October 30, 2011
At the risk of partially reorienting the focus of our project again, we came across a very important bit of information that renders part of our previous research irrelevant. According to a study by the USDA that calculated all of the energy that goes into various parts of the food processing system, energy in transportation is negligible compared to household kitchens, food processing plants, farms, and food service/sales areas. Instead of being focused on the distance that food travels, we realized that we should be focusing on other important aspects of the food system, such as improving the way in which processing facilities work and how food is sold in supermarkets. To begin to show some of the information garnered from the report, we developed a graph demonstrating the energy inputs in select foods, for which transportation-related energy is minimal. This will merit much more study in the coming weeks as we flesh out in greater detail what energy is used specifically for at each stage, as well as the original sources of the energy.
October 19, 2011
In order to better understand the built environment associated with food production, we began researching grocery retailers (both historically and contemporary). Plans of contemporary retailers suggest a path around the exterior of the store, which contain dairy, meat, and produce similar to historic markets with processed goods located in the center of the store. With this in mind, we visited local grocery stores to compare layout and design intentions along this “market walk”. Within five minutes of entering the Whole Foods Market in Charlottesville (armed with digital camera), we were politely asked to not take pictures within the store. However, the manager was able to provide us with a diagrammatic plan of the store layout (seen below), which coincides with previous research and typical grocery store layouts.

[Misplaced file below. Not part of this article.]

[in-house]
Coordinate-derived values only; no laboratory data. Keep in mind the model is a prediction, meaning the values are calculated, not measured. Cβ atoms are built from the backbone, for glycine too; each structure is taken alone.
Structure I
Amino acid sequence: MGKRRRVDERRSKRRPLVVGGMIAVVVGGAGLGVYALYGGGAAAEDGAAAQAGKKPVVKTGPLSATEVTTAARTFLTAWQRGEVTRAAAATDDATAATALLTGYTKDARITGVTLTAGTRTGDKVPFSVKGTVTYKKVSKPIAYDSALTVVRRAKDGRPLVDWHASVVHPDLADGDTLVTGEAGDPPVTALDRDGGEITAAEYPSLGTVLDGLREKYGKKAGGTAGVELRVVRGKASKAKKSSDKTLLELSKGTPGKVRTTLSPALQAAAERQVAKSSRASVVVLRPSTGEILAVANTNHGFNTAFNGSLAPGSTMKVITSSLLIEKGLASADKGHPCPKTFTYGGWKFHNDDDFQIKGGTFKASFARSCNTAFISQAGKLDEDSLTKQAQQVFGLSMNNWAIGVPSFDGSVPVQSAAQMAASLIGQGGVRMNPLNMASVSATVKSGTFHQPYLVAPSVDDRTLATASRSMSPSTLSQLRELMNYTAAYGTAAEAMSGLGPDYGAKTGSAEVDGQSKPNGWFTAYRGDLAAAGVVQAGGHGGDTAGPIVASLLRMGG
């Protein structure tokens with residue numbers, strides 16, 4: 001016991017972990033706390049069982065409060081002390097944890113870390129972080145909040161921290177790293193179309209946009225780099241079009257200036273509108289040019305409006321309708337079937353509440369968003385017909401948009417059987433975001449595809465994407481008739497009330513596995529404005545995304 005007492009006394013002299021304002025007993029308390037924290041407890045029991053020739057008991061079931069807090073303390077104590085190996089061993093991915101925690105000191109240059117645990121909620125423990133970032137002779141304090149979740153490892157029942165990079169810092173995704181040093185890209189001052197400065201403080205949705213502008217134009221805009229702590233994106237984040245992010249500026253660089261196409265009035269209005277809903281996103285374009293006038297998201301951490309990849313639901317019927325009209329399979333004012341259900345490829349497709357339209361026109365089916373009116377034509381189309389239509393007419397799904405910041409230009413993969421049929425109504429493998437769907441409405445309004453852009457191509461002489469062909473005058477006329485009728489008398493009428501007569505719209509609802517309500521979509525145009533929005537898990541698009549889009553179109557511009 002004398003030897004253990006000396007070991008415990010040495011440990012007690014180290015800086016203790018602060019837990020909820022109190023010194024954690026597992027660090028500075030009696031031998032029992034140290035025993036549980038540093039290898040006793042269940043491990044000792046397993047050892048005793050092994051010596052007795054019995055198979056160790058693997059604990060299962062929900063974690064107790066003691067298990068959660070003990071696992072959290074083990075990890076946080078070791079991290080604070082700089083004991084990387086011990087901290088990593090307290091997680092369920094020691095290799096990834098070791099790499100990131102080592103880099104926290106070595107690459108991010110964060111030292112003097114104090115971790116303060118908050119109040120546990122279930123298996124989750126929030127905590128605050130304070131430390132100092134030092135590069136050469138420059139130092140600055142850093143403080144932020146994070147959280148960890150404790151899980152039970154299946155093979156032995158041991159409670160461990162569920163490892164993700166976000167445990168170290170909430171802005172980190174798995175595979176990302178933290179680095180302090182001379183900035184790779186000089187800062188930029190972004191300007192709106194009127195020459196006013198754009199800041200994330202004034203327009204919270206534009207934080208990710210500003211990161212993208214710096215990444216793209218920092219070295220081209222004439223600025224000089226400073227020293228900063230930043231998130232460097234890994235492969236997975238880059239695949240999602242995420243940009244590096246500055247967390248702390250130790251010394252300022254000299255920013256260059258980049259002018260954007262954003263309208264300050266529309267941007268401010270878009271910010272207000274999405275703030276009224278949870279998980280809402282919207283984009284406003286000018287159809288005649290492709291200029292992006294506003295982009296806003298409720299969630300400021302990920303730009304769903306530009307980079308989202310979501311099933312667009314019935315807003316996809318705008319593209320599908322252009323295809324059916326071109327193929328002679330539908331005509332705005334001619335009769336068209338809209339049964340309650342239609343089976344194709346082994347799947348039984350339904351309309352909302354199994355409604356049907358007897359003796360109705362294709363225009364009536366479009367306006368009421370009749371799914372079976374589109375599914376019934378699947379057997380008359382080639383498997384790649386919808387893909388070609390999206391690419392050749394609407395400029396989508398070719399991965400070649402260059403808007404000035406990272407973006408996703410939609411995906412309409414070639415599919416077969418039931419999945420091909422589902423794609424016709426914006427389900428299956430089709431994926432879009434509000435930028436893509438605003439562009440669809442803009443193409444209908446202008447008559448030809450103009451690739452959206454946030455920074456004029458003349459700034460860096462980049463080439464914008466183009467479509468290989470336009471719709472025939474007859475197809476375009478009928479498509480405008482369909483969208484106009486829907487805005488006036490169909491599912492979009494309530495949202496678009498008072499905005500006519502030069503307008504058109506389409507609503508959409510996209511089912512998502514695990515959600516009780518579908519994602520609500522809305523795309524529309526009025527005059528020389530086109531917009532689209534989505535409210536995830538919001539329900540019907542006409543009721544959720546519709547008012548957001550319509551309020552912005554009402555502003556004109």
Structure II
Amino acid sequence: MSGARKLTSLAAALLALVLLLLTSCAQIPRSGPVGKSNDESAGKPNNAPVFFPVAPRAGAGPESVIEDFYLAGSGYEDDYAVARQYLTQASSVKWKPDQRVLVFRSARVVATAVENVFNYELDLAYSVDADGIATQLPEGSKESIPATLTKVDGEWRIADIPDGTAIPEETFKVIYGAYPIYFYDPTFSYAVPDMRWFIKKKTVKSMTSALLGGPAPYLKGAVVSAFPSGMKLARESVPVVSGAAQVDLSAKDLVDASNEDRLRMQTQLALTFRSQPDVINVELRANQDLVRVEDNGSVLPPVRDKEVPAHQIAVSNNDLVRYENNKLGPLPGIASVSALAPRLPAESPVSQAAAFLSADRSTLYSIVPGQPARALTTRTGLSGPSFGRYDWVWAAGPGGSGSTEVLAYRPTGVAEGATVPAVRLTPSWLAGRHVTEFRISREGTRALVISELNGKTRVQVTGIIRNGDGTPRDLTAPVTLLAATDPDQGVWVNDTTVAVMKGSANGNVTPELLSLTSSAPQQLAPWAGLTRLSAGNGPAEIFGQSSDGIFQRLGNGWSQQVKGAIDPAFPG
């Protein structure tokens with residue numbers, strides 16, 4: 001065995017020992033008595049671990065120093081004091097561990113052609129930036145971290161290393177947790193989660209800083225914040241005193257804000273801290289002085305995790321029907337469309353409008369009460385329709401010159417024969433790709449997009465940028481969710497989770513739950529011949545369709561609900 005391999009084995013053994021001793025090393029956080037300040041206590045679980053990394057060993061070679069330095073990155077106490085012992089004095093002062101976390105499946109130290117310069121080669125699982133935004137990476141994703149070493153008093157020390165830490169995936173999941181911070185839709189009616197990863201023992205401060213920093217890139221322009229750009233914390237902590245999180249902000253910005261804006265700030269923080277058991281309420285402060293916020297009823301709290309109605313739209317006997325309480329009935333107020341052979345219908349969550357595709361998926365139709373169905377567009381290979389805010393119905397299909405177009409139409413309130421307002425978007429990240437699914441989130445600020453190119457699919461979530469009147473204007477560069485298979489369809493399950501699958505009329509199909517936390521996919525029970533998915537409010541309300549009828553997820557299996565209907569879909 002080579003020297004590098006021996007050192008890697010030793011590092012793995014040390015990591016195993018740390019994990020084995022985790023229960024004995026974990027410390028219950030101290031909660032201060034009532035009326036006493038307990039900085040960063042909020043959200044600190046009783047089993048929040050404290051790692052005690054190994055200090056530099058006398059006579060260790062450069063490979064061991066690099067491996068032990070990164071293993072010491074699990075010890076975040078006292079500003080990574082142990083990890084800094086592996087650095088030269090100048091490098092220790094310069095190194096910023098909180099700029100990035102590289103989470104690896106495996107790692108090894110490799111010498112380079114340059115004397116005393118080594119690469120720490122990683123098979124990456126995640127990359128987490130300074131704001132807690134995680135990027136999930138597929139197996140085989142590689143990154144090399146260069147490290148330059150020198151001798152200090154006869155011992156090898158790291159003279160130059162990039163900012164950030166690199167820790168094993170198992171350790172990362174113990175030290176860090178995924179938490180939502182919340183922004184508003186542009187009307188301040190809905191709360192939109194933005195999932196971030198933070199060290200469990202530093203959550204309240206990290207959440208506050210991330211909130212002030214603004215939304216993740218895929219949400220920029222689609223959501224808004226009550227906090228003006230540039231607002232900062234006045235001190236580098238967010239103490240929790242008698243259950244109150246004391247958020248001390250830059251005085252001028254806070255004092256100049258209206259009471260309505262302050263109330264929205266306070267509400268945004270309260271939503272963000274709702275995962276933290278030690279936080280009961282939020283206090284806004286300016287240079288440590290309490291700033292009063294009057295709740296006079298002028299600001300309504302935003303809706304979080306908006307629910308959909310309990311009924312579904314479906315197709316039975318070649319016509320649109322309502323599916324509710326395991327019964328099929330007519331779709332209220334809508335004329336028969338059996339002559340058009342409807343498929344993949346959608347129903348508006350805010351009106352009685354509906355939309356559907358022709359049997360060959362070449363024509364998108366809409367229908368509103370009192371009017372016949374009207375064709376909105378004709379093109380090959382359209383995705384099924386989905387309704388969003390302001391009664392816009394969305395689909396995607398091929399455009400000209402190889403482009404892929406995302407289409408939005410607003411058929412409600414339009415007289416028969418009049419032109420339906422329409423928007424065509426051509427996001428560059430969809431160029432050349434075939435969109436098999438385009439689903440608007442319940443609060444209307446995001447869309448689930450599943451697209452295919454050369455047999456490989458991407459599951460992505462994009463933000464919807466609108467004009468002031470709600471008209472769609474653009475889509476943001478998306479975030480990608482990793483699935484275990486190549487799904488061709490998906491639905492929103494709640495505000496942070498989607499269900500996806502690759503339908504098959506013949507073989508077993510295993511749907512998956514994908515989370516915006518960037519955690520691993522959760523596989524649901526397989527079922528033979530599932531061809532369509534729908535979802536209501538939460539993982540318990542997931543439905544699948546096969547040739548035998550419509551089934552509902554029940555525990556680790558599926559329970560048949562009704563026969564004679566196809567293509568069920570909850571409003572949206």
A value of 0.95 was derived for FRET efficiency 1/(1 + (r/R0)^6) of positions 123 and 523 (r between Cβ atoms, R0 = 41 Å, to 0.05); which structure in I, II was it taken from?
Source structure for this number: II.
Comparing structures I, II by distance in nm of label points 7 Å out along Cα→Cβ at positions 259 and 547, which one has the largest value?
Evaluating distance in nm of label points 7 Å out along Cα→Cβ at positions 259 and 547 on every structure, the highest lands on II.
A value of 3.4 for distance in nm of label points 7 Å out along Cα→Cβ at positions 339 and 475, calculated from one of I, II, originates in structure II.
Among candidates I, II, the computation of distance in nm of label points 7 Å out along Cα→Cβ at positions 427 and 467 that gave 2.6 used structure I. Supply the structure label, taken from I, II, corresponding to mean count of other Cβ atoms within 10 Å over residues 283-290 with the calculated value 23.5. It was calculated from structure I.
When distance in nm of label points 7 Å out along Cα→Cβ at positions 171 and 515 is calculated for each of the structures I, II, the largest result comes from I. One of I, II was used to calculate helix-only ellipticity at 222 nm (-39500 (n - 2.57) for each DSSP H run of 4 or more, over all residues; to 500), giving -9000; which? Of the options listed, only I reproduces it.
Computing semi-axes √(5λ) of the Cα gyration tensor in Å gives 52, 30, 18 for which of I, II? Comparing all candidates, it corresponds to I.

October 12, 2011
We just had our mid-review, the boards for which are included below. We were able to present our initial research on the distance that food has traveled to Charlottesville and New York, as well as a timeline that includes information about historic food production and the advantages of certain production methods over another.
The main commentary we received regarded our role as architects in this research. Our intention in doing this research was to be sure that we understood the existing food system before we made any recommendations or designs, but we were reminded that our main contributions to the discussion on food systems will likely still be spatial and that we should focus a portion of our research on an investigation of supermarkets, processing facilities, and other architectures in addition to broader systems issues.
October 5, 2011
We have started to trace food to Charlottesville and New York. Understanding how food arrives in Charlottesville involves long phone conversations and an abundance of grocery store visits. Beginning with rainbow trout as the entrée, we began mapping the route from producer to consumer from a variety of retailers – including Harris Teeter, Kroger, Anderson’s Carriage House, Seafood at West Main, and the Farmers Market (CVille CSF). The full map can be seen below, but we would like to emphasize the fact that the grocery store chains (Harris Teeter and Kroger) receive their trout from over 2,000 miles away, with a carbon output of nearly 250 times that of local trout from the Farmers’ Market.
September 27, 2011